Providing antibiotics to immigrants: a qualitative study of general practitioners’ and pharmacists’ experiences

Dominique L.A. Lescure, Wilbert van Oorschot, Rob Brouwer, Janneke van der Velden, Aimée M.L. Tjon-A-Tsien, Iris V. Bonnema, Theo J.M. Verheij, Jan Hendrik Richardus, Hélène A.C.M. Voeten*

*Corresponding author for this work

Research output: Contribution to journalArticleAcademicpeer-review

3 Citations (Scopus)
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Background: If healthcare professionals perceive that patients strongly expect to be prescribed antibiotics, inappropriate prescriptions may result. As it is unknown whether this happens more often with certain patient groups, we explored whether general practitioners (GPs) and pharmacists perceived such expectations when they provided antibiotics to immigrant patients. Methods: Ten GPs and five pharmacists from Rotterdam, the Netherlands, were interviewed on the basis of a semi-structured topic guide. Atlas.ti software was then used to conduct a thematic analysis. Results: GPs felt that immigrant patients, especially those who had arrived recently, were more likely to expect to receive antibiotics than native Dutch patients. However, these expectations had decreased over the last years and did not always lead immigrants to exert pressure on them. Except for language barriers, the factors reported by GPs to influence their antibiotic prescribing behaviour were unrelated to patients’ immigrant background. If there was a language barrier, GPs experienced greater diagnostic uncertainty and needed additional time to obtain and communicate correct information. To overcome language barriers, they often used point-of-care testing to convince patients that antibiotics were unnecessary. Although pharmacists rarely experienced problems dispensing antibiotics to immigrants, they and GPs both struggled to find effective ways of overcoming language barriers, and stressed the need for multi-language support materials. Conclusion: While pharmacists rarely experience any problems providing antibiotics to immigrants, GPs regularly face language barriers with immigrant patients, which complicate the diagnostic process and communicating information in the limited available time. This sometimes leads antibiotics to be prescribed inappropriately.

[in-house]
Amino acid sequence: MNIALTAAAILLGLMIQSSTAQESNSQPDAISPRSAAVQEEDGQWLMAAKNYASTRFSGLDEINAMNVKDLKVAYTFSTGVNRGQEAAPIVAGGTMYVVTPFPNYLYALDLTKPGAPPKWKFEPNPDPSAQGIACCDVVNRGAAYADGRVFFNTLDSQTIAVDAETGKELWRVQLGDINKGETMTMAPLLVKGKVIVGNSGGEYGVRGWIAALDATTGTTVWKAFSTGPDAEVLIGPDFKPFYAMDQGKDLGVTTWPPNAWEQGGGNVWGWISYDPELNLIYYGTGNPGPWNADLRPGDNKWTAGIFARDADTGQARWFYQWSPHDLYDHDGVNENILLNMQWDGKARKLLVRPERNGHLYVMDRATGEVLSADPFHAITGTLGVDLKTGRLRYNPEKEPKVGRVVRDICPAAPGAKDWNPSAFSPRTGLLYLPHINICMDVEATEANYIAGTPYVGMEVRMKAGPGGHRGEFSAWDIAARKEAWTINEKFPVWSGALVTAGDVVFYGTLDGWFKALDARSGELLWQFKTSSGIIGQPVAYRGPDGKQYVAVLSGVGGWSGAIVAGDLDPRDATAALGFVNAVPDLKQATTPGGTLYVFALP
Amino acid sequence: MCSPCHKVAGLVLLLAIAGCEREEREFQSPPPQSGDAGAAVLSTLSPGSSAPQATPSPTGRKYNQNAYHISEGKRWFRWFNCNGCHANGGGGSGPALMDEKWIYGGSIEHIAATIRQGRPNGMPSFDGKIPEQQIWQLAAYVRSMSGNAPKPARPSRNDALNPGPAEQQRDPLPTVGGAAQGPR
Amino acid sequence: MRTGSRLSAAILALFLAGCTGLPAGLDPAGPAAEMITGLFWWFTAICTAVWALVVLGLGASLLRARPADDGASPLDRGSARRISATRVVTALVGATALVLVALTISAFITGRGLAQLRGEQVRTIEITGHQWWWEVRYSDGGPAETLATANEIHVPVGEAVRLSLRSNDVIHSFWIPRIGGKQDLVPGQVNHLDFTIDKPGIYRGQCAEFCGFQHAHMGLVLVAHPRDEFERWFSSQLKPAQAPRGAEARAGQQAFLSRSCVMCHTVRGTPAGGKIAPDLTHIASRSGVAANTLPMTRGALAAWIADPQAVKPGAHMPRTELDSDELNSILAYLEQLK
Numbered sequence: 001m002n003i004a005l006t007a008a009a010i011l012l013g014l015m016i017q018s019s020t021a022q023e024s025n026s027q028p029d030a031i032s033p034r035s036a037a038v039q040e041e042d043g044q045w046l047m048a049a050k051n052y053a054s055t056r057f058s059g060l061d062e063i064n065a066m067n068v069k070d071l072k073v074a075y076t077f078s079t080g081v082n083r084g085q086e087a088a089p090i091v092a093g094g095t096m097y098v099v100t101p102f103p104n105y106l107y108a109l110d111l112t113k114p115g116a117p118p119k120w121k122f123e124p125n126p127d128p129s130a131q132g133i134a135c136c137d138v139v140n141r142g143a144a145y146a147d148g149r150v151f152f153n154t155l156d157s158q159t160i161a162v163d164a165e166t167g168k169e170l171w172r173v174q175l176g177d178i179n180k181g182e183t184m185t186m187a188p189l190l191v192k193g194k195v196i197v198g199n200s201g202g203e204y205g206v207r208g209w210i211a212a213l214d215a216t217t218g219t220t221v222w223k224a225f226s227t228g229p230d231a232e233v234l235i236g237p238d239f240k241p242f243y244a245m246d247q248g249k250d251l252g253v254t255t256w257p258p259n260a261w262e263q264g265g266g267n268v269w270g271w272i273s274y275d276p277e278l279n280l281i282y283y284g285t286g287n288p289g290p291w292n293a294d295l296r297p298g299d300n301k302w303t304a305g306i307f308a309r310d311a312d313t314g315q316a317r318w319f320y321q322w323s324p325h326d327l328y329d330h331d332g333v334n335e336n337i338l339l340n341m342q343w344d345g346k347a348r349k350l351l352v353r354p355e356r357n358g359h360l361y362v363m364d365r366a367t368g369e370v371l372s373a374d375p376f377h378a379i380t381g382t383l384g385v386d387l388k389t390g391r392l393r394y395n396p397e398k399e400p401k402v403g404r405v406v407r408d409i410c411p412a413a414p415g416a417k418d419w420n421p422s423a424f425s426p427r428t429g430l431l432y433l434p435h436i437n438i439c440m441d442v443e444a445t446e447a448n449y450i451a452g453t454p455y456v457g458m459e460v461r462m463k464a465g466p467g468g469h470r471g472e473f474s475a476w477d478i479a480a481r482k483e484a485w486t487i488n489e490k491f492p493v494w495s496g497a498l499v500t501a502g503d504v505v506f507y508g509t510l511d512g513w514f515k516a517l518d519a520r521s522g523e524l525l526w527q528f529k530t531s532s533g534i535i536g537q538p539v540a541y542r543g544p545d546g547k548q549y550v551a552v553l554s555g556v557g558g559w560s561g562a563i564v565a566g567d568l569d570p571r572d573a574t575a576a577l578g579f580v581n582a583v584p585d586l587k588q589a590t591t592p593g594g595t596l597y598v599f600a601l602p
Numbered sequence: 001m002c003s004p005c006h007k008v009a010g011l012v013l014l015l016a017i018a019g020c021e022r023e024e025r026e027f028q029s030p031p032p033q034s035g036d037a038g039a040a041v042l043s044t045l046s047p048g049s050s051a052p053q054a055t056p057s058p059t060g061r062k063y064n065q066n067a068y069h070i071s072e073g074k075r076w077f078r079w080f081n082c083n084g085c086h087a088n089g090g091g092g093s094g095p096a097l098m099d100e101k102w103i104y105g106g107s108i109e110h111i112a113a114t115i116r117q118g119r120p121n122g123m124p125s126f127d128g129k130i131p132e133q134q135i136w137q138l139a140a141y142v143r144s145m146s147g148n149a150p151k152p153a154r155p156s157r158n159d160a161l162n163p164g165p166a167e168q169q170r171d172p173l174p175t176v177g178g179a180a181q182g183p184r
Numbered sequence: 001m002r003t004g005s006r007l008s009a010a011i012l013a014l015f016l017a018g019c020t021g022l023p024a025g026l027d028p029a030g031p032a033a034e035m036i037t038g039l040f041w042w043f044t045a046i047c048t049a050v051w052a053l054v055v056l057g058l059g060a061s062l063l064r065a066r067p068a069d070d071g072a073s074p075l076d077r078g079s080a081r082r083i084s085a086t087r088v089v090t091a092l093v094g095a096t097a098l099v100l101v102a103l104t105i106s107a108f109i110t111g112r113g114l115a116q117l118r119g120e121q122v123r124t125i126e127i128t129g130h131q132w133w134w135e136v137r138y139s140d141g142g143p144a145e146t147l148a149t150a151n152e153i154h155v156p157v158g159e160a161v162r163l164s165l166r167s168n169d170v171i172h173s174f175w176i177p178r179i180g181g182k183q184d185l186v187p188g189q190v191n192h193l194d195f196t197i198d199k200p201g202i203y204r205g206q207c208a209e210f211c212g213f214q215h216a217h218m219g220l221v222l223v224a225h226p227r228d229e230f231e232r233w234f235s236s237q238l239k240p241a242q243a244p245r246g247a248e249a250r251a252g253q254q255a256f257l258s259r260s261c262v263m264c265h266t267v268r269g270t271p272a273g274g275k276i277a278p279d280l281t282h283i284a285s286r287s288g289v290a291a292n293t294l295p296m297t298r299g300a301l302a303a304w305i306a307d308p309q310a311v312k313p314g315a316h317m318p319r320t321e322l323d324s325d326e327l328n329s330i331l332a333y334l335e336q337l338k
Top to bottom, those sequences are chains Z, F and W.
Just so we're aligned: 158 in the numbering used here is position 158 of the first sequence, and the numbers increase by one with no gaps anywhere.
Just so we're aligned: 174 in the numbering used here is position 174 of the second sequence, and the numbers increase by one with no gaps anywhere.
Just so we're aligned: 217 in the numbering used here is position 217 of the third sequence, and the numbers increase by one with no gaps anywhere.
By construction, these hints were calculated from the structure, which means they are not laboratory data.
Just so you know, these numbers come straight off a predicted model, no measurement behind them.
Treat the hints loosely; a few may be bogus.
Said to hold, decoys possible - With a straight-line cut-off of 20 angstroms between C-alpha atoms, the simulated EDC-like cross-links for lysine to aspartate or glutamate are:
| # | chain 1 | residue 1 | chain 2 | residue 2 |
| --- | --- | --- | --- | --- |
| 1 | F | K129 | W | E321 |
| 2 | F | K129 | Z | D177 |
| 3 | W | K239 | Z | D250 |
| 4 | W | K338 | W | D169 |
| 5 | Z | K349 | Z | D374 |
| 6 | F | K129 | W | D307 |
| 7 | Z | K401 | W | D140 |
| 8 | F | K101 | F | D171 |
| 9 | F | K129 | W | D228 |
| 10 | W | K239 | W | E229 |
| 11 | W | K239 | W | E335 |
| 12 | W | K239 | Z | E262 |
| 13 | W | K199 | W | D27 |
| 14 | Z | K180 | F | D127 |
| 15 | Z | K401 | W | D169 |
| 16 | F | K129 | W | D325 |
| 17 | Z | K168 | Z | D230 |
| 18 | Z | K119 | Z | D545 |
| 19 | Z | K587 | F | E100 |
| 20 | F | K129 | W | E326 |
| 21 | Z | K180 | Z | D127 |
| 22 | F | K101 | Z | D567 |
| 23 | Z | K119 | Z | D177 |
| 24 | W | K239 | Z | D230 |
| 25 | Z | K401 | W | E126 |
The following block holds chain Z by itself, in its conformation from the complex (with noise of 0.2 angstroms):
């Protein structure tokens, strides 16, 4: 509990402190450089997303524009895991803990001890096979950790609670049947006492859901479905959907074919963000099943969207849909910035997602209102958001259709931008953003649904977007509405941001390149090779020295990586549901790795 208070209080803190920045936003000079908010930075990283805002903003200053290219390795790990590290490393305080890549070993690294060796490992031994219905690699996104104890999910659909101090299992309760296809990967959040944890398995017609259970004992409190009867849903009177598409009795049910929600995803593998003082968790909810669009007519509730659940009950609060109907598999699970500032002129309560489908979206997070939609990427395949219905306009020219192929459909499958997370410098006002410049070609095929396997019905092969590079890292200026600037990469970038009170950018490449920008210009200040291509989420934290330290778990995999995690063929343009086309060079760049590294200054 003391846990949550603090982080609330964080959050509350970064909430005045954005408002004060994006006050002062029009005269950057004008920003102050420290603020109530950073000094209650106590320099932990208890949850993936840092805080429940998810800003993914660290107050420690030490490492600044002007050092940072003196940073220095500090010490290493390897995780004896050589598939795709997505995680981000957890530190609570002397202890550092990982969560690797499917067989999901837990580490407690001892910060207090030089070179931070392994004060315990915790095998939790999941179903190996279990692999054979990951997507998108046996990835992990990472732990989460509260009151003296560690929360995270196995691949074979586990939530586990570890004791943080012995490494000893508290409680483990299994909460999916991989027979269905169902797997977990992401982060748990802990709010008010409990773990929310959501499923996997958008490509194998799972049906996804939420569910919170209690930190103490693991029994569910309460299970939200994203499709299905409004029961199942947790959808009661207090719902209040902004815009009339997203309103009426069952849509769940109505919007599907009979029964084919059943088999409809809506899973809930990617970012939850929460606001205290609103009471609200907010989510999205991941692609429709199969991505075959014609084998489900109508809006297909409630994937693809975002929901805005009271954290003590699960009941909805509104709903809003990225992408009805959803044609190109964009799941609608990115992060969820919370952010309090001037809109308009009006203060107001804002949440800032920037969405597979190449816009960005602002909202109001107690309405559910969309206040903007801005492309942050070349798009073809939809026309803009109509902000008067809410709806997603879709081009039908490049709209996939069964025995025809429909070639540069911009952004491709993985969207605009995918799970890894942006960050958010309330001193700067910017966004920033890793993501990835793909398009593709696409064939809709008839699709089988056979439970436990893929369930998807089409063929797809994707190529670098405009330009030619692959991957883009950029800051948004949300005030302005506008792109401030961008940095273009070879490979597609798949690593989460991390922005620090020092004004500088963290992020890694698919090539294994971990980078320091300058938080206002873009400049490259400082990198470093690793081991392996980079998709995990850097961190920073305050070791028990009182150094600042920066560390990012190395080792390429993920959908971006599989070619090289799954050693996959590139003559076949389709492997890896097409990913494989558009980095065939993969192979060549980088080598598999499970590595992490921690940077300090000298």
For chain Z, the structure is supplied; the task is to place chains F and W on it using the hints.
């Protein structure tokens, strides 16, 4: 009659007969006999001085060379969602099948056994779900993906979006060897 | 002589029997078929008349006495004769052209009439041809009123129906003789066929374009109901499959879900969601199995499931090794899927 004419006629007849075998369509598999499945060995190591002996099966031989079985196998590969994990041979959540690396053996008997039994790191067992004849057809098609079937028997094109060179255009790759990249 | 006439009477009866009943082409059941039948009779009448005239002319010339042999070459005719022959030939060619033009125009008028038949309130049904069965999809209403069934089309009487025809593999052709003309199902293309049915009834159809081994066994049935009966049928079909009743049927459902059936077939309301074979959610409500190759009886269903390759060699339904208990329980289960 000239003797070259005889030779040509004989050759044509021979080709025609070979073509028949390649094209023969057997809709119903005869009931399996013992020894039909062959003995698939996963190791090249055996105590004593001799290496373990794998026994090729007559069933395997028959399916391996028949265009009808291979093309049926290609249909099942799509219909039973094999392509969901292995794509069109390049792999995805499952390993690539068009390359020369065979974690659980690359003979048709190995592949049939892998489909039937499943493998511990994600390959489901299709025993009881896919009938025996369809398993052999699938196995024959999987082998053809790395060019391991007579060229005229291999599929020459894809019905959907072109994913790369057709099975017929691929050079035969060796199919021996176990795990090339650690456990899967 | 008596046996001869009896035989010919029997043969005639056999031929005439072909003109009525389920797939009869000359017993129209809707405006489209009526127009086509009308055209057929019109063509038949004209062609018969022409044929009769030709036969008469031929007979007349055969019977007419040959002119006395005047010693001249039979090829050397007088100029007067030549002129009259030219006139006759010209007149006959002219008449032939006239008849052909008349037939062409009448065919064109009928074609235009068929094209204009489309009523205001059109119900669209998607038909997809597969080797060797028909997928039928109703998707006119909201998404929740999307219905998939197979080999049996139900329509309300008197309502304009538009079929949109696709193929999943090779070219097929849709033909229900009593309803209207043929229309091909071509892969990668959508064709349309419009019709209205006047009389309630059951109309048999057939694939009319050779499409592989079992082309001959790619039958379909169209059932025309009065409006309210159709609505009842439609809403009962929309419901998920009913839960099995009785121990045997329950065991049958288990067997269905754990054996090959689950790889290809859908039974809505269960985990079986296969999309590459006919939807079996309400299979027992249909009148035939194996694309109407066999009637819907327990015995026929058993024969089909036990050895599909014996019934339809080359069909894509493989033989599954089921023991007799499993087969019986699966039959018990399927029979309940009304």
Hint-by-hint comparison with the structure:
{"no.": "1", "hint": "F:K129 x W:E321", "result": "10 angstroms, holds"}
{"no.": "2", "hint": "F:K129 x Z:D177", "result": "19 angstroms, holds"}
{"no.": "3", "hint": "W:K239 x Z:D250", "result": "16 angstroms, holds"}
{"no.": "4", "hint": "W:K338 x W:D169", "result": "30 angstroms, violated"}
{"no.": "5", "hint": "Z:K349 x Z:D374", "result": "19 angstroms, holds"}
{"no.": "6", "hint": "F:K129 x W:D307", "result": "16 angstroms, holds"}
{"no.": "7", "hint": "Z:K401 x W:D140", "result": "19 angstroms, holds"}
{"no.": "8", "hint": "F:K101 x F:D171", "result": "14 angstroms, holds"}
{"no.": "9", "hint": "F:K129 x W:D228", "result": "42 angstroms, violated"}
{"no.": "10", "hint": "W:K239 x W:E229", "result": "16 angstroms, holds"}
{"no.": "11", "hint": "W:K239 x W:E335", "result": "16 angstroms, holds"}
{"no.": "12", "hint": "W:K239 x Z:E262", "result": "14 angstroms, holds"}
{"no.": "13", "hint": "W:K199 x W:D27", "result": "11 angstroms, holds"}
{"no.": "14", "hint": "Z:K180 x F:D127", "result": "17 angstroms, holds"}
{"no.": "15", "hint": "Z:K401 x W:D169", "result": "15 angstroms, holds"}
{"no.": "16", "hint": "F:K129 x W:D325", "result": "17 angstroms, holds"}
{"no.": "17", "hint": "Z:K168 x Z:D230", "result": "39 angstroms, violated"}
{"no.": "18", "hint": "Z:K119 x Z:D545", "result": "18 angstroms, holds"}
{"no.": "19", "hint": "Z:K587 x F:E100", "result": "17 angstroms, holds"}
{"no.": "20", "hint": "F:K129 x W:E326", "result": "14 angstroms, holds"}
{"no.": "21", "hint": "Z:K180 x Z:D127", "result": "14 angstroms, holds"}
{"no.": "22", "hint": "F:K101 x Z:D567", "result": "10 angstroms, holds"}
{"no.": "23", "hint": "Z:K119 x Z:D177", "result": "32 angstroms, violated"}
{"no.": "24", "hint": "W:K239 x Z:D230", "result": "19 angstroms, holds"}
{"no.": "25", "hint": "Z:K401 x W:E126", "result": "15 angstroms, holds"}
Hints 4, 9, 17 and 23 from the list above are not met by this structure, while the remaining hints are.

Original languageEnglish
Article number100
JournalBMC Primary Care
Issue number1
Publication statusPublished - 2 May 2022

Bibliographical note

Funding Information:
This work was supported by the Netherlands Organization for Health Research and Development (ZonMw) within the framework of the PARCA project (project number 541002001). The researchers were entirely independent in this work.

Publisher Copyright: © 2022, The Author(s).


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